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Election season creates a lot of noise in Washington, so I wanted to share with you some of my thoughts directly on an important issue Republicans are responsibly taking on. Please see the below piece for some information on how Republicans are prepared to act for the environment while reviving American industries. 

Americans want a cleaner, safer, and healthier environment. And we know we can achieve it alongside a strong economy that employs more of our citizens and keeps energy prices low. We know this because this is the story of America’s energy renaissance today. 

  • Due to American ingenuity, the United States reduced CO2 emissions by 42 million tons between 2016 and 2017 — the largest cut of any nation.
  • Over 6 million Americans work in the energy sector, and between 2016 and 2018, that number grew by 279,590. This proves we can be a global leader in reducing emissions while not just preserving American jobs, but growing them. 
  • The U.S. increased oil production from under 6 million barrels a day in 2010 to almost 13 million today. This reduces our dependence on foreign oil and creates a supply surplus, keeping energy prices low.

This progress matters to working Americans who drive long distances to work or shuttle kids to sports and other weekend activities. This matters to low-income households who spend a larger percentage of their income on energy costs than others. And it matters to American manufacturing workers who are building the 21st Century economy. 

That’s what makes plans like the Green New Deal more (and worse) than a happy sounding name: they are plans that will disrupt our way of life while giving countries like China a free pass to pollute. Proponents insist their focus is on lower-income Americans, but the facts undisputedly say the opposite. 

In California, many of the Green New Deal’s policies are already underway. Renewable mandates, emissions mandates, and fuel mandates have left Californians with the most expensive energy in the country. 

Electricity Prices: California vs. U.S. Average

California Energy Prices

In fact, the regulatory burden in California is so high that in 2018, a coalition of civil rights leaders and minority advocacy groups sued the state — claiming its energy policies actually hurt the poor and remove the potential to achieve the American dream. 

For conservatives, the debate has centered on how to develop energy and environmental policy that addresses global challenges but doesn’t mandate approaches that hurt the American economy. Some insist no action is necessary — whether because the left is wrong (they are) or the environmental challenges do not exist or are overblown. To be sure, the left and the media have lost their way propagating doomsday. But as countries like China continue to lead the rise in global emissions, prescribing nothing in the way of sensible environmental policy is a bad approach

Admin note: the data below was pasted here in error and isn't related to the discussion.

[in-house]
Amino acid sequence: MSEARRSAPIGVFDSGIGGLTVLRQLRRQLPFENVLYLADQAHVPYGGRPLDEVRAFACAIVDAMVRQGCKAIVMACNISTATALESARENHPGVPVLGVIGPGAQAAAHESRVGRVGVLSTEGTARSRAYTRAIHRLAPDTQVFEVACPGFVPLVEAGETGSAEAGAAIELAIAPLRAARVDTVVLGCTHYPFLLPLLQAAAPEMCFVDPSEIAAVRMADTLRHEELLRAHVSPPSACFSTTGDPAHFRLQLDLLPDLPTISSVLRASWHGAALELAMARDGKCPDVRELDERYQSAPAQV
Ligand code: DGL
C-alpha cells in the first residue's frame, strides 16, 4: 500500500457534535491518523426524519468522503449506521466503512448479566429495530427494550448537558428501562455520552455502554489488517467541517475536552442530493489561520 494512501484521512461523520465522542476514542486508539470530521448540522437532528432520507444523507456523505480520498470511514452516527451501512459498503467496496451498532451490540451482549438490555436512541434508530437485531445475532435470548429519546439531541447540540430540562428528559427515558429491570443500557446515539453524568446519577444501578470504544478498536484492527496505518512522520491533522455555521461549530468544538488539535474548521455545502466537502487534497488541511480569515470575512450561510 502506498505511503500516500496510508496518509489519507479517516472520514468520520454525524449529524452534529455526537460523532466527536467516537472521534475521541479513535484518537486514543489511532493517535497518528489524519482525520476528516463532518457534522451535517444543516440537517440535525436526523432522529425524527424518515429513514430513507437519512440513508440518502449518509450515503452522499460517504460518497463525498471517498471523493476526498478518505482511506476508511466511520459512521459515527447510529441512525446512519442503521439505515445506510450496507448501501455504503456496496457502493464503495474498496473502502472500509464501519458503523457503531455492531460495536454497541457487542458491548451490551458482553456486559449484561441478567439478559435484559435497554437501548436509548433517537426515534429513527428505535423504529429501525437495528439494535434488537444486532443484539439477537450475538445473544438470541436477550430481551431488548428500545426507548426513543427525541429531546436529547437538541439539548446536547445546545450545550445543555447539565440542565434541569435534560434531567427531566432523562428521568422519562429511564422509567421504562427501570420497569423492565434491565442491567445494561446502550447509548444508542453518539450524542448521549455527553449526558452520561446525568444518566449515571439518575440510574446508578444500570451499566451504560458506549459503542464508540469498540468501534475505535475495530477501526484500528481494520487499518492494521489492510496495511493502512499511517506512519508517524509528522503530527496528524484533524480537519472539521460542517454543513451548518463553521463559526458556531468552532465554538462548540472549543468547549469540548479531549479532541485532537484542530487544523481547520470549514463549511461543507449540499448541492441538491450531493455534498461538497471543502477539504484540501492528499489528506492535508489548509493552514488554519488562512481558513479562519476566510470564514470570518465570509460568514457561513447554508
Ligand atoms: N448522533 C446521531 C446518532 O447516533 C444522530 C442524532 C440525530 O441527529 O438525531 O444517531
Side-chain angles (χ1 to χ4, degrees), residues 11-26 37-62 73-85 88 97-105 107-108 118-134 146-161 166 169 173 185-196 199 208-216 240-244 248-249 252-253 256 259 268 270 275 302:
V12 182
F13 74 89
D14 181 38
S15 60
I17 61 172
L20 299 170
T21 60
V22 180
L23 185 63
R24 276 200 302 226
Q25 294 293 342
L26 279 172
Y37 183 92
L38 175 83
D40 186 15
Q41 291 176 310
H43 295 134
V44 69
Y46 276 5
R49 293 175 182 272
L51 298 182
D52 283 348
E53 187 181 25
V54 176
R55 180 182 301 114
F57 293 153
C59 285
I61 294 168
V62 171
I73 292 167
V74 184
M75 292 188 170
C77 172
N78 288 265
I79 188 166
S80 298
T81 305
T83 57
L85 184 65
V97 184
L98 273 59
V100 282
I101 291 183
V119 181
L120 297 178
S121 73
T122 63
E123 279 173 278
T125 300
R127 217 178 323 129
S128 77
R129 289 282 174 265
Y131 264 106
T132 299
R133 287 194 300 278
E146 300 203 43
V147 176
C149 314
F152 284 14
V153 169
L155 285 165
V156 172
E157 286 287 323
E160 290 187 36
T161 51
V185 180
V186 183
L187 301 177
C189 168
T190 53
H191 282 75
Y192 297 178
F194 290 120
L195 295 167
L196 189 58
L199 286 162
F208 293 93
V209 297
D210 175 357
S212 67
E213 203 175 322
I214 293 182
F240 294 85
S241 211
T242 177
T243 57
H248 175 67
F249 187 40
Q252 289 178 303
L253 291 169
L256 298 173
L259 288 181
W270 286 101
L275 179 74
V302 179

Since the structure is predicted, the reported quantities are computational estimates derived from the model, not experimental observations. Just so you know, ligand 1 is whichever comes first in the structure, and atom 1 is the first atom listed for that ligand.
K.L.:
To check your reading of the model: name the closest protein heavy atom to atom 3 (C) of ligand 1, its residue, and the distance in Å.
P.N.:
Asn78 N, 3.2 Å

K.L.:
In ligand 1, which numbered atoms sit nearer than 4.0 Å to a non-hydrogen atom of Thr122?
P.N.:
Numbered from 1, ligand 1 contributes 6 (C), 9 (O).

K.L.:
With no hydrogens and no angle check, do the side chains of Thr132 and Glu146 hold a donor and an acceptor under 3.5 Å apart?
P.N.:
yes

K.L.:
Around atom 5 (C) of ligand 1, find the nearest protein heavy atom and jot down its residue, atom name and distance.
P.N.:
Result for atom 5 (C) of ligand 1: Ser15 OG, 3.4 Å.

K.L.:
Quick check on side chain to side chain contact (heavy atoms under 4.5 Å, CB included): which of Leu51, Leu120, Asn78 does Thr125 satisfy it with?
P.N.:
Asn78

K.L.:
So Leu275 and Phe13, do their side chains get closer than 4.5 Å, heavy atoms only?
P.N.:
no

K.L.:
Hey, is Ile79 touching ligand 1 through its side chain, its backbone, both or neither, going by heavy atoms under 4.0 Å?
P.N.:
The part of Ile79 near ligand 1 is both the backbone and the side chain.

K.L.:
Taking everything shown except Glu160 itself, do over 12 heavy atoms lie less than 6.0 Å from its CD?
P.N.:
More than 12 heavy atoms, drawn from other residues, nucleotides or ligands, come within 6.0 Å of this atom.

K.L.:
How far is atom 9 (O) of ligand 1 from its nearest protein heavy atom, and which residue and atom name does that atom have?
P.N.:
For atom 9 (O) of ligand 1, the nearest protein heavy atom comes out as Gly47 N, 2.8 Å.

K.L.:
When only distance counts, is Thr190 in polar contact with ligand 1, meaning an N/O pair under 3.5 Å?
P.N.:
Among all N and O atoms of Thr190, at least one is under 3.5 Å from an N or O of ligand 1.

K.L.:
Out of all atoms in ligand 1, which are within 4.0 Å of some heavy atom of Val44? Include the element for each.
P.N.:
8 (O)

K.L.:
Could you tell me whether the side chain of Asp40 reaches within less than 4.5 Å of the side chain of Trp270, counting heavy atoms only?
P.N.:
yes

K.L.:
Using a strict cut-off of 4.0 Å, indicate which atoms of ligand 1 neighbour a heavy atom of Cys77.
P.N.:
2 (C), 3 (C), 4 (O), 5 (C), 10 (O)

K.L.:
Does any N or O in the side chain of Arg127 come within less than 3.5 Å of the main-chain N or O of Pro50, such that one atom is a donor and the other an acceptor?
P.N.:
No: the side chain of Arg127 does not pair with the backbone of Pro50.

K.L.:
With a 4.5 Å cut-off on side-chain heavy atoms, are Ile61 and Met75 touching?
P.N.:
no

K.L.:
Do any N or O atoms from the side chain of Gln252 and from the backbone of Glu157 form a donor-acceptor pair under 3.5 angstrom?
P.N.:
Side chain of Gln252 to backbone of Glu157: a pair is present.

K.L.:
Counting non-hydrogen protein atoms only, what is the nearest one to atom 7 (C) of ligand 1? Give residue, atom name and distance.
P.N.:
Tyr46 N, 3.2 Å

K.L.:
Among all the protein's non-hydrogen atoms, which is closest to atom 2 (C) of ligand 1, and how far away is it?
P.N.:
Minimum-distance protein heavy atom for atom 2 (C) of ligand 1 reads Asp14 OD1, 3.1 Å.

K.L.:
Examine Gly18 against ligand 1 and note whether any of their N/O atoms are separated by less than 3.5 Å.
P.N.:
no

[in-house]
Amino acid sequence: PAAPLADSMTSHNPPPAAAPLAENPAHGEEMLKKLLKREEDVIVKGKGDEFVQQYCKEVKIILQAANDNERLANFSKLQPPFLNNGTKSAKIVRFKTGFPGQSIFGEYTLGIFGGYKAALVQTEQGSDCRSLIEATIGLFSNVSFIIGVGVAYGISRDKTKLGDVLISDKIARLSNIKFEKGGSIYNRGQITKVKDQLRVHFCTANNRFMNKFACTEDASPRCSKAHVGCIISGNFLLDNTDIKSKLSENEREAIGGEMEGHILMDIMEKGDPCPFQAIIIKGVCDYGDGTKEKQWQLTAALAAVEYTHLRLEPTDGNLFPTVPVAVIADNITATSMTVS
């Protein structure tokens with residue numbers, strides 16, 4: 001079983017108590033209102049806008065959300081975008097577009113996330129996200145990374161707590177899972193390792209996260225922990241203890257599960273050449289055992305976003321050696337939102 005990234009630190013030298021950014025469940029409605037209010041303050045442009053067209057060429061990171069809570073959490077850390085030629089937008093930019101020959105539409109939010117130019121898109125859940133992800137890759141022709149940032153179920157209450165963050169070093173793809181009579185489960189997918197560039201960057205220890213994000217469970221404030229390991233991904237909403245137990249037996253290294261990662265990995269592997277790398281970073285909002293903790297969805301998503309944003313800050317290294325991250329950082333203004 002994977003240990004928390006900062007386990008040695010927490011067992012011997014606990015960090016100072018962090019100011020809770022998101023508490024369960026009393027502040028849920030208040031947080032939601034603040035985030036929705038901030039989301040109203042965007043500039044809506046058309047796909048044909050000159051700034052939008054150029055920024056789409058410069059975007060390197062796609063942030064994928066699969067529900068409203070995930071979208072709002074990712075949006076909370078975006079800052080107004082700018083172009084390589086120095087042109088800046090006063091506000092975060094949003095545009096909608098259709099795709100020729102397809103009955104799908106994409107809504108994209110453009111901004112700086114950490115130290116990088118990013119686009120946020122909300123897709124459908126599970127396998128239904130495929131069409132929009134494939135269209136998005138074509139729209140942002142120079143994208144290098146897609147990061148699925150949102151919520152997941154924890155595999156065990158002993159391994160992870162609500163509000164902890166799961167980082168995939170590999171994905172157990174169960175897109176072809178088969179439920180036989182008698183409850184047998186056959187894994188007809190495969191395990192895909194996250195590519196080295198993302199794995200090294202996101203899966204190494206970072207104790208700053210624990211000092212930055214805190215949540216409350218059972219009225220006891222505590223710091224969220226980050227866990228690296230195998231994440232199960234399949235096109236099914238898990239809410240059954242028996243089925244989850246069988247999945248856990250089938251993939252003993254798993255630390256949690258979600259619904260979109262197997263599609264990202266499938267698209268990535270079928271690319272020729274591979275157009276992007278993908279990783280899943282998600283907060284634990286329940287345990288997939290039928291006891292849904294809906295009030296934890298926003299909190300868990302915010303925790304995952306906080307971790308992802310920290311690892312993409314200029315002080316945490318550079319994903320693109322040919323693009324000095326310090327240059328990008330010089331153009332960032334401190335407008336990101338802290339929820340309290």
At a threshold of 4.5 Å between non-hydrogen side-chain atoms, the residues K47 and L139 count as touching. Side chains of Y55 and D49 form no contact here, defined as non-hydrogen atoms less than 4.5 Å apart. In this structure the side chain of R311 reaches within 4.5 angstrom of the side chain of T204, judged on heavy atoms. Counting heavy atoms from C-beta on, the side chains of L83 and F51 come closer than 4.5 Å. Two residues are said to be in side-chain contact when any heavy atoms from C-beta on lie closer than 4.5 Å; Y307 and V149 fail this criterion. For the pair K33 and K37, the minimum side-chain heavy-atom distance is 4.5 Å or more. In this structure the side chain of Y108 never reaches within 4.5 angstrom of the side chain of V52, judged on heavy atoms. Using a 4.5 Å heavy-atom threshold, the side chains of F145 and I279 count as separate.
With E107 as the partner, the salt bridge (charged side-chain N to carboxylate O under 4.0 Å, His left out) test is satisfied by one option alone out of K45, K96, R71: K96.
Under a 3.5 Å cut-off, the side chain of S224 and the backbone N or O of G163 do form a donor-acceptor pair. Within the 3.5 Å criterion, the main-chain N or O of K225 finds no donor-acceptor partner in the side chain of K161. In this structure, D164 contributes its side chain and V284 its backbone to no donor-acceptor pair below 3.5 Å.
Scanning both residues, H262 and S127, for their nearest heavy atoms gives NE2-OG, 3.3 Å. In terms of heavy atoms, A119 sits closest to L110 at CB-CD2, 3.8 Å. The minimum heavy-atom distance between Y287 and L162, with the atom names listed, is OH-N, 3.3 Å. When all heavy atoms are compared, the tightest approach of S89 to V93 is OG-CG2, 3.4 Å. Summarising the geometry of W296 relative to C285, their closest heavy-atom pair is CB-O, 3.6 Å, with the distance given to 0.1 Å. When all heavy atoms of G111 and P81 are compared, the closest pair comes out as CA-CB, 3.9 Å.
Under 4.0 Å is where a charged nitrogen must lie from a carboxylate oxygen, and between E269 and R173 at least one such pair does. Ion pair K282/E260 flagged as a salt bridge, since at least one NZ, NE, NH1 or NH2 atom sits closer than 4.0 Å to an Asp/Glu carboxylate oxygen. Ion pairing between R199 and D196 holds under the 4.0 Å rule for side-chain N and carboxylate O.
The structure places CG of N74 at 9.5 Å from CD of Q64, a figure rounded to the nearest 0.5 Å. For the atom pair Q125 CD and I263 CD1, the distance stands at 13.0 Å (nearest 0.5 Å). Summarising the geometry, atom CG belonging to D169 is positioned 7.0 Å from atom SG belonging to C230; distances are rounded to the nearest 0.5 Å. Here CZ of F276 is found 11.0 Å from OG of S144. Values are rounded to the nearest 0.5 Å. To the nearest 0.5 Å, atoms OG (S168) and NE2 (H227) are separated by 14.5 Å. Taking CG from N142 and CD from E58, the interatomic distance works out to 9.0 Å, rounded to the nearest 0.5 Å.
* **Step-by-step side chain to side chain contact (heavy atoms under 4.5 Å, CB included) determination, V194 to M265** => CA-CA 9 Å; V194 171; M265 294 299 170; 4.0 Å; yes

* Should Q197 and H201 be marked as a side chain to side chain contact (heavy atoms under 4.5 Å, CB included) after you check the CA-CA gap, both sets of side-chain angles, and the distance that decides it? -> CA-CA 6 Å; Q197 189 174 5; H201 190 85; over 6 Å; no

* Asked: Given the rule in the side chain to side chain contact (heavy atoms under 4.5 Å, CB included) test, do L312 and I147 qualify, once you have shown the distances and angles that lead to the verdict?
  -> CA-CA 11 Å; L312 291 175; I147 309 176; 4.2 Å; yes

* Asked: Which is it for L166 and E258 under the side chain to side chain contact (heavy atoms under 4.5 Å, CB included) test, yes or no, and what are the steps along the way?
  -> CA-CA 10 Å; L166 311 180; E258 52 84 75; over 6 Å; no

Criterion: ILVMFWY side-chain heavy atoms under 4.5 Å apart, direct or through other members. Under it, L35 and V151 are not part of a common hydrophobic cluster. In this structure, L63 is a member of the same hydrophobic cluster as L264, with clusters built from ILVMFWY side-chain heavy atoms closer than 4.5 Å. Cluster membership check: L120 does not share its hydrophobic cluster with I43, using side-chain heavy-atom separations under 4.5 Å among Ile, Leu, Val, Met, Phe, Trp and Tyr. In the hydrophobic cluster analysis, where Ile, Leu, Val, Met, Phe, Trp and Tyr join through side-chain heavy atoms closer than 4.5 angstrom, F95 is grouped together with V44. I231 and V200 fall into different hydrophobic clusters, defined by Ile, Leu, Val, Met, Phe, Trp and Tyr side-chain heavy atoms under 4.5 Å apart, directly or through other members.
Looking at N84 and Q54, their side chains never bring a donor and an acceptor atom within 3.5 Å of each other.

First and foremost, America’s energy leadership has powered the economic comeback we are seeing today. A full-scale industrial and rural revival through new American energy and environmental innovation is possible, and should be our top priority.  

Second, as we often see with today’s media and social climate, it is the loudest voices in the room who can promulgate an idea from fringe to mainstream. And as mentioned above, core tenets of the Green New Deal are the mainstream in California. We can’t afford to enact these radical policies across the country. 

Conservative columnist Henry Olsen put it clearly. He said: “The alternative [to ignoring sensible measures to combat climate change] is that conservative political hopes will get clear cut by the real green socialists as they bulldoze their way to victory.”

And Fox News’ Brian Kilmeade said: “There’s a place between the Green New Deal and no deal.” 

That’s exactly where House Republicans are headed. 

At a member policy conference in January, Republicans discussed our vision for the environment and the jobs opportunity it offers. Axios provided a look into what that might consist of — including the trillion tree initiative, which is supported by President Trump. 

Following the conference and numerous member meetings, we have taken our vision from concepts to a framework of ideas based on three policy verticals that will continue to advance a technology and jobs revival throughout the country: capturing and utilizing carbon, developing and exporting clean energy, and encouraging conservation. 

No taxes. No regulations. No mandates. Just an opportunity to let innovation and technology grow and reshape the American industrial landscape — including tremendous job potential in all of America. 

Our ideas take principles from the past and apply them to a changing future.

 

On February 12, I joined seven of my colleagues across the Republican ideological spectrum as we introduced four bills within our carbon capture vertical.  For details, check out the presentation we issued.